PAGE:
San Diego mayor cites 'prejudice' in earlier opposition to gay marriage
San Diego Mayor Jerry Sanders, a Republican, the city's former police chief and the father of a lesbian, testified at a federal trial today his previous opposition to marriage rights for gays was based on "prejudice."
During emotional testimony at the federal trial over Proposition 8, Sanders told the court that his elder daughter, Lisa, now 26, told him she was a lesbian when she was in college. He said he expressed his "overwhelming love" for her but also warned her that she would face discrimination.
"I thought it was very tough on gay couples in society," Sanders said.
When he ran for mayor in 2005, Sanders said he opposed same-sex marriage and favored civil unions instead. He said his daughter worked on his campaign, wanted him to win the election and accepted his view.
In 2007, the city council passed a resolution calling on San Diego to file a friend-of-the-court brief in litigation to support overturning the state's ban on gay marriage. Sanders said he intended to veto the measure and called together gay and lesbian friends and neighbors to explain his decision.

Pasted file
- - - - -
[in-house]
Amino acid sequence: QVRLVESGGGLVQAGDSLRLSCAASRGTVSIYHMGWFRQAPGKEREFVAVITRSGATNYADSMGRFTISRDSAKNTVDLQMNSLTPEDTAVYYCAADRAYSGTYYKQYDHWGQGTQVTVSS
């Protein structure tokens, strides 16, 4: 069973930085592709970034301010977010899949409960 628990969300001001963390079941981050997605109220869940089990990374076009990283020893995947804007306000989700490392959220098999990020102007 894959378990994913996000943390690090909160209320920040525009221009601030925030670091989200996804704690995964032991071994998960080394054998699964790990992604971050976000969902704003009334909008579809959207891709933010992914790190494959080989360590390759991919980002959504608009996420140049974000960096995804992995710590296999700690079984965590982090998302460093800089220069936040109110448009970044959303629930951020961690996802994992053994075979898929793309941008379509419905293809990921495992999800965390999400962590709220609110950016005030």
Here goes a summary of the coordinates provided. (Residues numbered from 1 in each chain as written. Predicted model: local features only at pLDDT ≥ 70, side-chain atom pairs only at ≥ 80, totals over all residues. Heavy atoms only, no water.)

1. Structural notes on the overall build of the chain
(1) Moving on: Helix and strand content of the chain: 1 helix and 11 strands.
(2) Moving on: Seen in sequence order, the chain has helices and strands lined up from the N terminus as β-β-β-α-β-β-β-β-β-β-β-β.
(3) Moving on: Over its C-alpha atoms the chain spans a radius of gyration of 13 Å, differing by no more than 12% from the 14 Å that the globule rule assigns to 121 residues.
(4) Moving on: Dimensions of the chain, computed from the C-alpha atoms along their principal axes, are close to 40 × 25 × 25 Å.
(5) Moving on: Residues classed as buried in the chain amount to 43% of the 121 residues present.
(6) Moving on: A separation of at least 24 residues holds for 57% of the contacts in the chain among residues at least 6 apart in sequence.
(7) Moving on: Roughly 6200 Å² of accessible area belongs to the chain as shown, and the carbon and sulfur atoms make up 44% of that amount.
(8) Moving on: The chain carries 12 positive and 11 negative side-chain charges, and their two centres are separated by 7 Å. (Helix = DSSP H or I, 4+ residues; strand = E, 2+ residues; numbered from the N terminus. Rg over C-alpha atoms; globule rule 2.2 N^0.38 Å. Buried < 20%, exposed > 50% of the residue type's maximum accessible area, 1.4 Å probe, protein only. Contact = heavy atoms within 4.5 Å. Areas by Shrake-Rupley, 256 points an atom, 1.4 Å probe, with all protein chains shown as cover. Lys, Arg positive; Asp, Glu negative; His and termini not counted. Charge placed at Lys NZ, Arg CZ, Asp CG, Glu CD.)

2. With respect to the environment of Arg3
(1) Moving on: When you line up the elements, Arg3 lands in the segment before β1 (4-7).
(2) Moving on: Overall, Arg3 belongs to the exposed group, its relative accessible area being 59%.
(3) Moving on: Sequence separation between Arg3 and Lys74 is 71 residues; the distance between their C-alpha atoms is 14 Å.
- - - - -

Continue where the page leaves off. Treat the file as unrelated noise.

"I was absolutely shocked at the depth of the hurt, the depth of the feeling…," Sanders testified. He said one of his gay neighbors who had children told him: "We are a family just like you're a family."
Sanders gave an emotional news conference the next day to explain why he had changed his mind. He testified that he was emotional because he had come so close to taking an action that he now believes would have hurt many.
"What hit me was that I had been prejudiced," he said.
He also testified that his daughter and her former partner married in Vermont in September.
"It made me feel pretty bad that they had to go across the country," Sanders said.
During cross-examination, an attorney defending Proposition 8 tried to show that gays and lesbians suffer far less prejudice than they did historically and noted that San Diego has elected several openly gay officials.
The Proposition 8 challengers contend the measure stemmed from moral disapproval of gays and animus. Sanders was asked if he morally disapproved of gays and felt animus when he believed civil unions were appropriate alternatives to marriage.
He said no, but added: "It doesn't mean that I don't believe it was grounded in prejudice."
-- Maura Dolan